Linux/Unix – Replacing Text with sed

Finding text within a file is sometimes the first step towards replacing text. Editing streams of text is done using the sed command. The sed command is actually a fullblown scripting language. For the examples in this chapter, we cover basic text replacement with the sed command.

If you are familiar with text replacement commands in vi, sed has some similarities. In the following example, you would replace only the first occurrence per line of marvin with giovanni. Here, sed takes its input from a pipe, while sending its output to stdout (yourscreen):

$ cat myfile.txt | sed s/marvin/giovanni/

 

Adding a g to the end of the substitution line, as in the following command, causes every occurrence of marvin to be changed to giovanni. Also, in the following example, input is directed from the file myfile.txt and output is directed to mynewfile.txt:

$ sed s/marvin/giovanni/g < myfile.txt > mynewfile.txt

 

The next example replaces the first occurrences of of the text /home/msoto to /home2/mgsotoso from the /etc/passwd file. (Note that this command does not change that file, but outputs the changed text.) This is useful for the case when user accounts are migrated to a new directory (presumably on a new disk), named with much deliberation, home2. Here, we have to use quotes and backslashes to escape the forward slashes so they are not interpreted as delimiters:

$ sed ‘s/\/home\/msoto/\/home2\/mgsotoso/g’ < /etc/passwd

 

Although the forward slash is the sed command’s default delimiter, you can change the delimiter to any other character of your choice. Changing the delimiter can make your life easier when the string contains slashes. For example, the previous command line that contains a path could be replaced with either of the following commands:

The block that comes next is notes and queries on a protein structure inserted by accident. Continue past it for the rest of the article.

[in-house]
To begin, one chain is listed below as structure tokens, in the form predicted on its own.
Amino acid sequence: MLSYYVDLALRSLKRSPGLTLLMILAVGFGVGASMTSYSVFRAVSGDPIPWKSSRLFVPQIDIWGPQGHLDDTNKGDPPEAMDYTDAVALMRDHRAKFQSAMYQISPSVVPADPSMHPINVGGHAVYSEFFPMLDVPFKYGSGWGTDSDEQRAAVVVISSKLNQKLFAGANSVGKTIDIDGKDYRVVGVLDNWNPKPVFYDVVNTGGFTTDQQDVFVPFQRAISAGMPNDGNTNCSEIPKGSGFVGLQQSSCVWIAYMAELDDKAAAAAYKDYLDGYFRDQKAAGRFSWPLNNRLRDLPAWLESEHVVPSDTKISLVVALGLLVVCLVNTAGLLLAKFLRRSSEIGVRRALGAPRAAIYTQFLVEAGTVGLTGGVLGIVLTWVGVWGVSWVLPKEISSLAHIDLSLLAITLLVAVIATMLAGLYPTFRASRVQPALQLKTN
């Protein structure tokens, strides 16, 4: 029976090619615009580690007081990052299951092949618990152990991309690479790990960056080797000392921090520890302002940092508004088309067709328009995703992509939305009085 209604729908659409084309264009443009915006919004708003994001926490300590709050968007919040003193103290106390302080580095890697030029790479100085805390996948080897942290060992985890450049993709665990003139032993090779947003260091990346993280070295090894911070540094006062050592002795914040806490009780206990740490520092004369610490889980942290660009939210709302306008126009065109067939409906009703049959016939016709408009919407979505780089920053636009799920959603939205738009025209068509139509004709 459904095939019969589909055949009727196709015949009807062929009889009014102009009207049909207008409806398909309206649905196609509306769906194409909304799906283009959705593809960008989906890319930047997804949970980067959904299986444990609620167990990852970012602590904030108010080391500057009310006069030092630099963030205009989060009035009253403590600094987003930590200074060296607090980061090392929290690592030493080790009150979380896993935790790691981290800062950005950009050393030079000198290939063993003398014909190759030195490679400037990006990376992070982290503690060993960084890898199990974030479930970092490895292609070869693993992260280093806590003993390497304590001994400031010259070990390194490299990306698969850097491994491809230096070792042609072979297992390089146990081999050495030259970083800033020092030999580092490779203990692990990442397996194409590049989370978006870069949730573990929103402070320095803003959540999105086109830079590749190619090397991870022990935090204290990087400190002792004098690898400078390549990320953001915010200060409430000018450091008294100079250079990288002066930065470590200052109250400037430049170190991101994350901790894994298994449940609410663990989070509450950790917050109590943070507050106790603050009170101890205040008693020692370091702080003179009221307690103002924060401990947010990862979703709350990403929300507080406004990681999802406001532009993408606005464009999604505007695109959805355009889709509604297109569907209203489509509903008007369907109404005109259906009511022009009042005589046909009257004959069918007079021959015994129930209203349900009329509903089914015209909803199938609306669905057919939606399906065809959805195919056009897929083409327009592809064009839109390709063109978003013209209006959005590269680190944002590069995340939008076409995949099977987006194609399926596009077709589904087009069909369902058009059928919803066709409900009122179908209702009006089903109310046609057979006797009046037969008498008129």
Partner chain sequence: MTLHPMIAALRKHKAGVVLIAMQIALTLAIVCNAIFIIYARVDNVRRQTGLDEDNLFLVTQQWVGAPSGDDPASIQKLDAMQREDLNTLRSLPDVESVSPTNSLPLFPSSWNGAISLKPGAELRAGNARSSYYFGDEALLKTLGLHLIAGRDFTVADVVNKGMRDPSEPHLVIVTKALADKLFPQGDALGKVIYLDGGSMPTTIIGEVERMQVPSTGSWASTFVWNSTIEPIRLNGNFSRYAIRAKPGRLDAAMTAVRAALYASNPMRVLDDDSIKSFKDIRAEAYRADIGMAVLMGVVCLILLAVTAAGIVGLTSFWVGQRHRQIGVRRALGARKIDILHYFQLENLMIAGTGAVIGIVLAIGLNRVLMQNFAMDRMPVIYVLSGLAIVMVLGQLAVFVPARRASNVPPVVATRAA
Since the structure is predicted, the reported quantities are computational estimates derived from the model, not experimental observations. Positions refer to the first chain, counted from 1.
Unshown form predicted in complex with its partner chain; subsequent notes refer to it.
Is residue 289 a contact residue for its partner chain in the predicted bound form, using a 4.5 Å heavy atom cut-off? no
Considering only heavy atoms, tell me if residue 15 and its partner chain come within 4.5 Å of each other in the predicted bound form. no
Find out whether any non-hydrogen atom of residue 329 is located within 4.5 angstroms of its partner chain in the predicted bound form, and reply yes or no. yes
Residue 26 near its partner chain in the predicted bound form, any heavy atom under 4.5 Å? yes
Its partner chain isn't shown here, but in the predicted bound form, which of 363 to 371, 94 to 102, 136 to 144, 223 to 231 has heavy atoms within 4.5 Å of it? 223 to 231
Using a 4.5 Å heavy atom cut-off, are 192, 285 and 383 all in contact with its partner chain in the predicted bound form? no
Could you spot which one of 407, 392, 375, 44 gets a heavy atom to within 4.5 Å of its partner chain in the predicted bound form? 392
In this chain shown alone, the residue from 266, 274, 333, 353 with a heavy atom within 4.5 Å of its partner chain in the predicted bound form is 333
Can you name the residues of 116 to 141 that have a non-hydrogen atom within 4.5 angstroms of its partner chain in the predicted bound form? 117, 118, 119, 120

$ sed ‘s-/home/msoto/-/home2/mgsotoso/-’ < /etc/passwd

$ sed ‘sD/home/msoto/D/home2/mgsotoso/D’ < /etc/passwd

 

In the first line shown, a dash (-) is used as the delimiter. In the second case, the letter D is the delimiter.

The sed command can run multiple substitutions at once, by preceding each one with -e. Here, in the text streaming from myfile.txt, all occurrences of francois are changed to FRANCOIS and occurrences of chris are changed to CHRIS:

$ sed -e s/marvin/MARVIN/g -e s/giovanni/GIOVANNI/g < myfile.txt

 

You can use sed to add newline characters to a stream of text. Where Enter appears, press the Enter key. The > on the second line is generated by bash, not typed in.

$ echo aaabccc | sed ‘s/b/\Enter

> /’

aaa

ccc

The trick just shown does not work on the left side of the sed substitution command. When you need to substitute newline characters, it’s easier to use the tr command.

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About msotela

This blog is for anyone who wants to access the power of a Linux system as a systems administrator or user. You may be a Linux enthusiast, a Linux professional, or possibly a computer professional who is increasingly finding the Windows systems in your data center supplanted by Linux boxes.

Posted on March 16, 2009, in Unix/Linux. Bookmark the permalink. Leave a comment.

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